Singapore needs more hotel rooms for increasing visitor arrivals: Colliers
It said the hotel room supply of 628 rooms in 2018 will immediately be absorbed.
Singapore could need more hotel rooms to accommodate increasing visitor arrivals, Colliers International revealed. According to its Hotel Insight Q1 2018 report, new hotel supply in Singapore is expected to slow substantially over 2018 and 2019, potentially keeping occupancies in excess of 84%.
The Singapore Tourism Board (STB) projects international visitor arrivals to Singapore to rise by up to 4% to 18.1 million this year, following a record-breaking 2017 where the city-state received 17.4 million visitors. “The stronger tourism performance was largely underpinned by an increase in visitation from North and South Asia, and in particular China, Indonesia and India,” Colliers added.
Colliers International executive director of valuation & advisory Govinda Singh commented, “Hoteliers in Singapore have weathered the lean years - particularly 2015 and 2016 - admirably, and the hospitality sector outlook is decidedly brighter this year as market sentiment turns up. Considering the data from the STB, it suggests that Singapore still requires a significant amount of hotel rooms to accommodate its visitors, with growth in visitation being tempered by the low level of room supply especially at the mid-market to lower end.”
This is despite the substantial increases in room supply at over 5,500 rooms in 2015, an addition of 2,567 rooms in 2016, and about 3,400 new rooms last year. “Hotel room supply will slow dramatically to 628 rooms in 2018, and 1,300 rooms in 2019, which would allow the recently added rooms to be absorbed into the market,” Colliers said.
Also read: Chart of the Day: Hotel supply growth expected to dip to 1.2% in 2018
Colliers anticipates the average hotel occupancy rate in Singapore to remain at more than 84% despite the new supply. “A closer look at the room stock versus demand, suggest that hotels in Singapore are full almost all the time during peak periods, and especially during Monday to Thursday, and Saturday nights,” it added,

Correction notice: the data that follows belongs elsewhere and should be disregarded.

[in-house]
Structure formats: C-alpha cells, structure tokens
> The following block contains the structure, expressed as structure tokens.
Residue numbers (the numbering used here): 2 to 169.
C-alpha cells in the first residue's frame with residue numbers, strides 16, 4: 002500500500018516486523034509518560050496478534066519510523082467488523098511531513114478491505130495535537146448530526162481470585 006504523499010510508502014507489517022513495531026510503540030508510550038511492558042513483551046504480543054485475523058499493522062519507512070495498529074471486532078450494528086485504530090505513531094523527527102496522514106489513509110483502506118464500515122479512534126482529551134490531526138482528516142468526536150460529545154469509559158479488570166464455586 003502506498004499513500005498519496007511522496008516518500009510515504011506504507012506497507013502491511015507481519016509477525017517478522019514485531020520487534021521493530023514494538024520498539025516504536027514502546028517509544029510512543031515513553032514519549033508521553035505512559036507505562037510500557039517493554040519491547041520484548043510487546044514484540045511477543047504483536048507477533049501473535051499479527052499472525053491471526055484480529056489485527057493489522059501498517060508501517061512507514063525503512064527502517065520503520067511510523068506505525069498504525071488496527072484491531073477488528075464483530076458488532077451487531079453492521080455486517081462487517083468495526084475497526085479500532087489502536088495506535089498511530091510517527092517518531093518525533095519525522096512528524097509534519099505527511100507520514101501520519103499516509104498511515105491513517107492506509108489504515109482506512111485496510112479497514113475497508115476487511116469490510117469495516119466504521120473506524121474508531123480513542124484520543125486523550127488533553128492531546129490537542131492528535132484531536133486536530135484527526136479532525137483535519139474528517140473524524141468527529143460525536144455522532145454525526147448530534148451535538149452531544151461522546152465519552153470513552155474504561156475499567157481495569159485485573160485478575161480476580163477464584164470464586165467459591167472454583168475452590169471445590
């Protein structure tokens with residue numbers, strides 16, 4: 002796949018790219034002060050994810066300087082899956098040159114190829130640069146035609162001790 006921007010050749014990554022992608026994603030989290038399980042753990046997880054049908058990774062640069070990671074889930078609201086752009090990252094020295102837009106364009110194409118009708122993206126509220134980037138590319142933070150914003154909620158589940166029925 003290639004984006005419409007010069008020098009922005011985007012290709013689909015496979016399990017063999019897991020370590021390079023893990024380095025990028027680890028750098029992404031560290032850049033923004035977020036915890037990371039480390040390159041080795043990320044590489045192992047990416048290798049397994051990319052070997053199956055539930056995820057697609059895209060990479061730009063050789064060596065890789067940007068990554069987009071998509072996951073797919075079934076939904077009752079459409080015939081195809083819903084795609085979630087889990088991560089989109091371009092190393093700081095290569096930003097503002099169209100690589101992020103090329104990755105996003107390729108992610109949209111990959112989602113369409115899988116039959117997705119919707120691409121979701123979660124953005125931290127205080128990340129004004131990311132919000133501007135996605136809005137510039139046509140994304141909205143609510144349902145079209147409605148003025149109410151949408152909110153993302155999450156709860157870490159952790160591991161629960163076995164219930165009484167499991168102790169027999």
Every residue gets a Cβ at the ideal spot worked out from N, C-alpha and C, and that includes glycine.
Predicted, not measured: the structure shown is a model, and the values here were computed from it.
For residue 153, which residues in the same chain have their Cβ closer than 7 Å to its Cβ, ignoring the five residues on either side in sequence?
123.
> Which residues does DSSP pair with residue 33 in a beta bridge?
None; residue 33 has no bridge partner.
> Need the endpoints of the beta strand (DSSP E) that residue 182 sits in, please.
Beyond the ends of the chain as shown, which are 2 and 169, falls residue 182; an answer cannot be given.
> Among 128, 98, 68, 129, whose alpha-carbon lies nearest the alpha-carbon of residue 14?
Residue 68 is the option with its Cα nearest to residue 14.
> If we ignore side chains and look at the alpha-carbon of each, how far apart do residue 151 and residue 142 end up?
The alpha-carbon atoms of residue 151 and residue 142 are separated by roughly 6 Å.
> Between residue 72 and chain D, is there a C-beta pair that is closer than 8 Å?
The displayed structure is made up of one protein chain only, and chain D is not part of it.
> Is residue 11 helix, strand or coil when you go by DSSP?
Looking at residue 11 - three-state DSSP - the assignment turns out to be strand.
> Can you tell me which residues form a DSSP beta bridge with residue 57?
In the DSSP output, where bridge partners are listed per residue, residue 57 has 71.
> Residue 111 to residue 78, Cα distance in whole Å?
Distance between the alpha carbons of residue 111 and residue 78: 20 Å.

Singh added, “Our hotel needs analysis showed that the number of overnight visitors to Singapore has consistently outstripped hotel room stock since 2011, and is projected to remain so over the next few years. It suggests that there is a high degree of existing frustrated and latent demand, whereby visitors who wish to come to Singapore either cannot find rooms or have to turn to alternative accommodation providers such as serviced apartments or dare I say Airbnb.”
“Take 2011, about 57% of overnight visitors stayed in a hotel, which based on the total number of available rooms at that time would translate to an implied room occupancy of 121%. However, the hotel statistics provided by STB indicated that room occupancies for 2011 was 86% - suggesting that only about 40.5% of those requiring accommodation were able to do so in a hotel. A similar trend was observed for 2017, where the 85% hotel room occupancy rate indicated that only 43% of the 57% requiring rooms would have been accommodated,” he said.
In view of the growth potential, Colliers believes it could be an opportune time to reconsider more development and investment in the hotel sector. “Given the high level of existing ‘frustrated demand’, the slight increase in room supply over 2018-2019 is unlikely to weigh on occupancy rates. Hoteliers in Singapore should see an improvement in Average Daily Rate (ADR) going forward, although the increase is not expected to be significant as long as the rupiah, ringgit and yuan remains relatively weak,” it added.
Singapore, a favoured destination among many Chinese tourists, is expected to be one of the key beneficiaries of China’s rising outbound tourism, driven by growing affluence among the Chinese middle-class. Outbound trips are projected to increase sharply by 47.7% from 120.1 million in 2015 to 177.4 million in 2020, Colliers said.
Singh noted that the recent sabre rattling between the US and China may weigh to some degree on business and consumer confidence, thereby tempering demand growth especially if it escalates. “However, intra-Asia travel and the growing domestic markets in a number of the larger destinations across Asia, is likely to continue to underpin demand,” he added.
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